At over 800 pages, Donna Tartt’s Pulitzer-winning, bestselling novel The Goldfinch is too long and wending to be categorized.
It’s a story about loss, loneliness and self-identity, as narrator Theo loses his only caretaker ― his mother ― to an explosion at The Met. It’s a story about the healing bonds of youthful friendship, as Theo connects with the nerdy, wealthy Andy Barbour and the devil-may-care Boris, a pair of boys whose only similarity is their impact on the book’s troubled hero. It’s also, somehow, a love story, a coming of age story, a globe-trotting heist story, and a story about the wonders and power of art.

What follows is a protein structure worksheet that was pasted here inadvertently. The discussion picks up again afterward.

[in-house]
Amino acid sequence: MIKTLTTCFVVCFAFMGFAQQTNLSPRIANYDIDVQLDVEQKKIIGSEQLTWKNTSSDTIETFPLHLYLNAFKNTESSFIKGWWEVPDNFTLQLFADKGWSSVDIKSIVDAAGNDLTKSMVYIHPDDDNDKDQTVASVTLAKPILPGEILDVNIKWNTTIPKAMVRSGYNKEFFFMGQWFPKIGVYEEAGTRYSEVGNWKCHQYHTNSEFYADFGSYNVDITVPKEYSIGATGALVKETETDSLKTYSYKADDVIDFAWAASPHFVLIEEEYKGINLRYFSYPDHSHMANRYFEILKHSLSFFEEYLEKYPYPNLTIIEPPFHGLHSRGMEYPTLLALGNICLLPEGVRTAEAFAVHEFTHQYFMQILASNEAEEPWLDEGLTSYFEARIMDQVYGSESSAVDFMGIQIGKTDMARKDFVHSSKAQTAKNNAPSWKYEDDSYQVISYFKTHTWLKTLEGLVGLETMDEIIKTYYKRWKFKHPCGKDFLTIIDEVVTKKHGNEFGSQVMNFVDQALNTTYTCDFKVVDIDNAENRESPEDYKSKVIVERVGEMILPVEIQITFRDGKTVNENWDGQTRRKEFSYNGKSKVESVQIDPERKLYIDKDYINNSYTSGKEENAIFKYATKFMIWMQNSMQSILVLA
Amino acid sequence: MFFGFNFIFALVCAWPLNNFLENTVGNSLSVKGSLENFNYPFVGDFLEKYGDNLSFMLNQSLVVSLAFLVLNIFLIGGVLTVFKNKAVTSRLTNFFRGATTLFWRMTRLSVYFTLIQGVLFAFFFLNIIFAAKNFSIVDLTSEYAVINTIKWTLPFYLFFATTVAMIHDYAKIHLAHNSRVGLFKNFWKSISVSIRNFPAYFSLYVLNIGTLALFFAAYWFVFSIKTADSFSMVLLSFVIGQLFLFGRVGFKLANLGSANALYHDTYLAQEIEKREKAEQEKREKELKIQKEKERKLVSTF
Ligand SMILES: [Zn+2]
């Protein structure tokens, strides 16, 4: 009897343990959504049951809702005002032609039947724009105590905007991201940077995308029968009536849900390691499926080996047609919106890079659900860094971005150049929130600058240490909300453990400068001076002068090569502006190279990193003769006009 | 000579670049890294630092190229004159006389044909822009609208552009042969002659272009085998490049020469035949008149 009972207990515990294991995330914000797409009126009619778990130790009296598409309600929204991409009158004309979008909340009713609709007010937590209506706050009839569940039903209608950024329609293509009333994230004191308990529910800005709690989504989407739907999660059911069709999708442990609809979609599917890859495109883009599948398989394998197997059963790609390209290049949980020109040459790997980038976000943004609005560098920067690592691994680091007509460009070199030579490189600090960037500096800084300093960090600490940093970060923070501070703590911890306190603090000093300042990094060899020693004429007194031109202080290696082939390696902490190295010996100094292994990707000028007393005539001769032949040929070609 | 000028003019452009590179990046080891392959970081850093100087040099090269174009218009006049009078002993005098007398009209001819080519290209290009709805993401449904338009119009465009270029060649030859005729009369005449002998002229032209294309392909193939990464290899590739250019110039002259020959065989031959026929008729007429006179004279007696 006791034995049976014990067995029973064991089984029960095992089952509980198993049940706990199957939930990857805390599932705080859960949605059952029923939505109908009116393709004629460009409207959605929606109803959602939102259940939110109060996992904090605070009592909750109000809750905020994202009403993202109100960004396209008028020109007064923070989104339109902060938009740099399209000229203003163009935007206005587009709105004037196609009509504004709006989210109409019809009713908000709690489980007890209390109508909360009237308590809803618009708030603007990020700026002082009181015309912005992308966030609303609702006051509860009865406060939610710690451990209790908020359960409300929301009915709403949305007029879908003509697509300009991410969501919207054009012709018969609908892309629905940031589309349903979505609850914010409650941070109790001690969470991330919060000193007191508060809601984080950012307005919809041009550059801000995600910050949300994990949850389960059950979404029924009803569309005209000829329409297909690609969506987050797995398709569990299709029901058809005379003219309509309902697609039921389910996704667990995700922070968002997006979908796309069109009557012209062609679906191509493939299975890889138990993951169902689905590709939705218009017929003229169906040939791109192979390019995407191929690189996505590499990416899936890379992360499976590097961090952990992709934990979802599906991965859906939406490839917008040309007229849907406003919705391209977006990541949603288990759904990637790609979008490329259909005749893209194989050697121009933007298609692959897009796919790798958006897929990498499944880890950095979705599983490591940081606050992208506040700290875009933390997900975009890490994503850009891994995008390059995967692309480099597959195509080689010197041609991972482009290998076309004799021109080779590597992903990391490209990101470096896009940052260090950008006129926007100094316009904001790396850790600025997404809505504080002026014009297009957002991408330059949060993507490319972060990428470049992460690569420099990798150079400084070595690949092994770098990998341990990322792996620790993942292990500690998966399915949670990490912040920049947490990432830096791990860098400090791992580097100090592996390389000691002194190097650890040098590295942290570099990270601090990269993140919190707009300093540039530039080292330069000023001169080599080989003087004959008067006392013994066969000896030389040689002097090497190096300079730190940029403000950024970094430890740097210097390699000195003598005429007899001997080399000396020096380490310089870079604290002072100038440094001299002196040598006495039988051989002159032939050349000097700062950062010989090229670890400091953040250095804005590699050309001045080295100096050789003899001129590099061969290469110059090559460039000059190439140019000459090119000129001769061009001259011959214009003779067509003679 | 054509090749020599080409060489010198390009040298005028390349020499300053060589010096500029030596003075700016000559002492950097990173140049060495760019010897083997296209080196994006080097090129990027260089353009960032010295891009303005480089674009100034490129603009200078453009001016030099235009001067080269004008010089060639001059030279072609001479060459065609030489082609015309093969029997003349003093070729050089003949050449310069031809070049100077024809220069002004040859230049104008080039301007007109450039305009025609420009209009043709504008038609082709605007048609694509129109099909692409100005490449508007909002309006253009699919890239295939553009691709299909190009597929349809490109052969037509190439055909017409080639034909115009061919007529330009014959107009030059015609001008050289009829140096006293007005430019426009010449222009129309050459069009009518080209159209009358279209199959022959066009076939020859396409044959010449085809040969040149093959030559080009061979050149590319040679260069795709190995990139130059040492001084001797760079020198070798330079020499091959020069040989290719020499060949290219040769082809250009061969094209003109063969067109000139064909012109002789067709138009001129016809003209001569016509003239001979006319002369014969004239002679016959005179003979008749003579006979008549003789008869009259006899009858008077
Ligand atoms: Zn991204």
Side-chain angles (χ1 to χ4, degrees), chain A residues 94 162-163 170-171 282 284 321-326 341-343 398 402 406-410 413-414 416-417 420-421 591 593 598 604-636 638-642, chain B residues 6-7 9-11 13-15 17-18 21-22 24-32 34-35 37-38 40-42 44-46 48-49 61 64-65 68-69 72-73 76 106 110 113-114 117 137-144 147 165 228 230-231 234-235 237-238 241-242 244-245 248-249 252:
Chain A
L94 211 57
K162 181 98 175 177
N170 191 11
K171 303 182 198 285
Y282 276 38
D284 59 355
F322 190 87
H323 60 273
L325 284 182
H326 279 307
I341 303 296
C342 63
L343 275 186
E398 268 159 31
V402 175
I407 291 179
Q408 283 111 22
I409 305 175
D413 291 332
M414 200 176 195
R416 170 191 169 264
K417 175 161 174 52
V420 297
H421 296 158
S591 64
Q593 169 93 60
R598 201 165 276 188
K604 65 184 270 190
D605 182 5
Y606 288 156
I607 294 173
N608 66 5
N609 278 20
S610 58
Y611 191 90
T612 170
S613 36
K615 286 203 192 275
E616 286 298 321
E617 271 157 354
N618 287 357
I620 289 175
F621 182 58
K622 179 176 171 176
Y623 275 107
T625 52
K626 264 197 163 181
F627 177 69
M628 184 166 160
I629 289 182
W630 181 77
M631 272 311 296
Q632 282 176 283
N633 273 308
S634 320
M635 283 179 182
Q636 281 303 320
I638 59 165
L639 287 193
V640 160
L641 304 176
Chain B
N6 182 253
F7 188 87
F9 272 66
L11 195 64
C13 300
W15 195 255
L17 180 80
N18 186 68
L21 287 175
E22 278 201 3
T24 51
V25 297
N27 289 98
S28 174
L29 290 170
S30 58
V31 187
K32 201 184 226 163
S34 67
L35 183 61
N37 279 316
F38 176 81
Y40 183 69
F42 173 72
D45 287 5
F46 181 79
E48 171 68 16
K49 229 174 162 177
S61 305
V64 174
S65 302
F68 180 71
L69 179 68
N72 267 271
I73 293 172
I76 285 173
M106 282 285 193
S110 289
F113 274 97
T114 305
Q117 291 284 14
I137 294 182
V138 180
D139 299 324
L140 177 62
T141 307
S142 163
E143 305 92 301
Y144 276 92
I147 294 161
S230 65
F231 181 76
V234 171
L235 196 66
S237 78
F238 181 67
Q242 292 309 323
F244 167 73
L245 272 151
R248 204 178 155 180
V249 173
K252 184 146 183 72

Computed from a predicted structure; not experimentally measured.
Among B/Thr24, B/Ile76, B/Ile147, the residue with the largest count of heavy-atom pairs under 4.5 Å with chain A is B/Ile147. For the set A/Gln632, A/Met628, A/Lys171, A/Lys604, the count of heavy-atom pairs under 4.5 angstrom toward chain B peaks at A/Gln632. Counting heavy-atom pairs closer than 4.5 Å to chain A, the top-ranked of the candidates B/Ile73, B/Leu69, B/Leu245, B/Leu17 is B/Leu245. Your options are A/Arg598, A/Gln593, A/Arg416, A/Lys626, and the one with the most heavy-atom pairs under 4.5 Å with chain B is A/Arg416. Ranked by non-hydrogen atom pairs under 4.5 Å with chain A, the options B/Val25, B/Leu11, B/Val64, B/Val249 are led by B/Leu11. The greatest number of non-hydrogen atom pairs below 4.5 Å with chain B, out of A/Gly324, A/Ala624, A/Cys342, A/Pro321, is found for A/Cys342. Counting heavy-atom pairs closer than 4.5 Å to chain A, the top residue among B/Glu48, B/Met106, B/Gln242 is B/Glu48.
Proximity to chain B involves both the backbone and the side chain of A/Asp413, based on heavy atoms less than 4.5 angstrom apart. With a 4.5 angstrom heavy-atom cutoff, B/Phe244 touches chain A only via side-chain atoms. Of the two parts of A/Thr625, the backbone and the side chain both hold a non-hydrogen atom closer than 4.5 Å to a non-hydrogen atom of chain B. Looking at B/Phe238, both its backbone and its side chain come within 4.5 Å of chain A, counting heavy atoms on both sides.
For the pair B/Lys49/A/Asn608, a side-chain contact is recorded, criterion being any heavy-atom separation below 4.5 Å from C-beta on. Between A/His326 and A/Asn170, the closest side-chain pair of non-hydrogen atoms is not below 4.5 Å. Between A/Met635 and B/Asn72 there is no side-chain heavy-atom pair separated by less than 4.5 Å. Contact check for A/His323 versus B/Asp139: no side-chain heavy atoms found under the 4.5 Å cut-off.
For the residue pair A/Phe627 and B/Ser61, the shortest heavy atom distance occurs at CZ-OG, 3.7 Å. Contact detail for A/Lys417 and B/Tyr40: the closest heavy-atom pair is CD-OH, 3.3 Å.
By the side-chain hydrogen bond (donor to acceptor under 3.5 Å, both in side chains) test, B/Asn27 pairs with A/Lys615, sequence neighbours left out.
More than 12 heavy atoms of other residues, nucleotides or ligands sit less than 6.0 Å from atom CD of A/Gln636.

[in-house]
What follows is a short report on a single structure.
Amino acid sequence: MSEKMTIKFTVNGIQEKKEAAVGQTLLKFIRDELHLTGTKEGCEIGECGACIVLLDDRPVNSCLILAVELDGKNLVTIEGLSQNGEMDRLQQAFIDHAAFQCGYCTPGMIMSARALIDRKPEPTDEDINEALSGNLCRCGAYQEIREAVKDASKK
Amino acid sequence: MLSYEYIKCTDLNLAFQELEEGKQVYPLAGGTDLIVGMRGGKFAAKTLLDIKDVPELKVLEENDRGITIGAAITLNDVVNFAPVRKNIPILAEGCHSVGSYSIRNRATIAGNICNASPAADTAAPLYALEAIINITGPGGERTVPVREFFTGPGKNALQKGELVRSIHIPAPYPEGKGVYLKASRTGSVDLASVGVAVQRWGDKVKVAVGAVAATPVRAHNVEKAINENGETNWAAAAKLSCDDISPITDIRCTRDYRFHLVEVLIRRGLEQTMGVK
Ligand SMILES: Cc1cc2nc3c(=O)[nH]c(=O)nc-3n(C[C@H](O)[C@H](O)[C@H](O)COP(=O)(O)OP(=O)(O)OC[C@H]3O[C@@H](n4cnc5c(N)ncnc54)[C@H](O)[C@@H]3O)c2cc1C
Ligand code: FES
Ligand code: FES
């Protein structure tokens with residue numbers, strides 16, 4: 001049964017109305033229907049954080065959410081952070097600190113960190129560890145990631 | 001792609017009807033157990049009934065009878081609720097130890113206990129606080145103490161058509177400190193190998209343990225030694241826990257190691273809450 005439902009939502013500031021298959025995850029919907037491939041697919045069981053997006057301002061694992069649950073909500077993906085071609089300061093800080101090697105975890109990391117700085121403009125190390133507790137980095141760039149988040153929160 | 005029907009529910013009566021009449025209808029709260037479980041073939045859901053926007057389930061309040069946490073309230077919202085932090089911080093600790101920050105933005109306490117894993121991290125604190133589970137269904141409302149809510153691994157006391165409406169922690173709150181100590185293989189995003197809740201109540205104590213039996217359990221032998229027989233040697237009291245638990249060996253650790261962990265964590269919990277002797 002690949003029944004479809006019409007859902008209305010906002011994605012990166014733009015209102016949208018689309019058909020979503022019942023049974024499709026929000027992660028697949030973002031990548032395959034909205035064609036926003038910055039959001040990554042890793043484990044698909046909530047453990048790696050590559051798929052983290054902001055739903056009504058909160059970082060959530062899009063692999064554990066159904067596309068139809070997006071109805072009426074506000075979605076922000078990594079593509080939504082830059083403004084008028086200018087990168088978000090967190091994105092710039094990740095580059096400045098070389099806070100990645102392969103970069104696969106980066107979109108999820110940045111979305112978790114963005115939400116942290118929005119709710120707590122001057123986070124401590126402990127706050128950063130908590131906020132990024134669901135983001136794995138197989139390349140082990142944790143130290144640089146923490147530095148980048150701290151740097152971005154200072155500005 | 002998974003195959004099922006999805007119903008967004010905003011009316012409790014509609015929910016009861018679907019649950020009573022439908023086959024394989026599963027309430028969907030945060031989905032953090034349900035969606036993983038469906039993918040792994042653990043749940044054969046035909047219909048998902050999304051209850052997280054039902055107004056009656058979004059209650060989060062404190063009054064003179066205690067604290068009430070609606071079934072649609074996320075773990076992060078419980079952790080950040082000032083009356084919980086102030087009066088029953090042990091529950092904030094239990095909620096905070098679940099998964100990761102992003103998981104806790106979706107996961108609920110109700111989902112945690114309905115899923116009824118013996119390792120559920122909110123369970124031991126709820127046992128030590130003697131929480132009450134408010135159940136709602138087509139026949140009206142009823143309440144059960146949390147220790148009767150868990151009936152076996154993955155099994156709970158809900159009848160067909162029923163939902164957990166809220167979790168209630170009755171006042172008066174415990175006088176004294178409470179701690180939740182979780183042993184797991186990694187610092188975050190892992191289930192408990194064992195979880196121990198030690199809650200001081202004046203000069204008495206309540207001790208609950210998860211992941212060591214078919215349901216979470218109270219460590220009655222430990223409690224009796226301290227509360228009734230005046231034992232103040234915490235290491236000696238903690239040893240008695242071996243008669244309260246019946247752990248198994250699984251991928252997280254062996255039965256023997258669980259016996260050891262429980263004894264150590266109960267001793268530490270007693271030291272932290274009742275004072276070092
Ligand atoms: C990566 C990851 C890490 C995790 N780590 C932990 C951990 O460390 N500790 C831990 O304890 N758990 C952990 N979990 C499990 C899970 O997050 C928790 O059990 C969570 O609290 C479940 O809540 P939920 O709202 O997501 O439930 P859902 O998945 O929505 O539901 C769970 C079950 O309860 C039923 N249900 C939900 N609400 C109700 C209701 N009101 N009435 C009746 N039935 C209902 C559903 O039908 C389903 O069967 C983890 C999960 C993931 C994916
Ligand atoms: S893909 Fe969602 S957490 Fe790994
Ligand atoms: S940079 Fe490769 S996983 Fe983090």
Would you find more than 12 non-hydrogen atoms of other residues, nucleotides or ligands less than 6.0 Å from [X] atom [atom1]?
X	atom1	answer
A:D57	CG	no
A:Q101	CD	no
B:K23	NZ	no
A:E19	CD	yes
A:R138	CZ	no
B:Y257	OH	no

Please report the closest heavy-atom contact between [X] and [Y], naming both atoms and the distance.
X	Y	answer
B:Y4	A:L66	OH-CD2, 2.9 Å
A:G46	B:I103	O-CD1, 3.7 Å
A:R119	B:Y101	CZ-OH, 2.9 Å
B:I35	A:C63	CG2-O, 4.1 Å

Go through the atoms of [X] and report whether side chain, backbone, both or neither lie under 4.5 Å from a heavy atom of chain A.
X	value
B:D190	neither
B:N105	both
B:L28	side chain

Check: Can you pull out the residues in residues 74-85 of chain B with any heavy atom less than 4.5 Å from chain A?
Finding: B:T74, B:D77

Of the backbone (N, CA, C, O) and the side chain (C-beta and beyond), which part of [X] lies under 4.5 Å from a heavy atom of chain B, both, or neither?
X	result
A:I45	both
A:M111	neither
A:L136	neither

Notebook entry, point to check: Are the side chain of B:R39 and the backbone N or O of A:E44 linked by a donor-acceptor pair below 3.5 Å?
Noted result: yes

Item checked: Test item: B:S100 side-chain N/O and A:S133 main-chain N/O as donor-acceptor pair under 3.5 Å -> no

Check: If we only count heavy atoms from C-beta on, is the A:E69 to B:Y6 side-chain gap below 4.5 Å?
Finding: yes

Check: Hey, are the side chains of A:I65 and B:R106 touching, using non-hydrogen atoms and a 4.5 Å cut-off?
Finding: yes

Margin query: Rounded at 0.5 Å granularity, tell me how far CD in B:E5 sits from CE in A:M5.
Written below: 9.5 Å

The only thing The Goldfinch isn’t is a straightforward narrative, one that can be easily condensed into two hours’ worth of action. But, it was a very popular book, so, naturally, its onscreen debut is on its way, IndieWire reports.
All hope’s not lost for the adaptation, though; John Crowley, the director of last year’s Academy Award nominee “Brooklyn,” will be directing it, which bodes well for a thoughtful, entertaining adaptation.
Like “Brooklyn,” The Goldfinch is about a young person who suffers the death of a family member, an event that catalyzes a series of new, promising connections. Both stories blend action with meandering character studies, so it seems that Tartt’s book is in good hands.
If only it were possible to cast a “Sixth Sense”-era Haley Joel Osment as Theo. If only.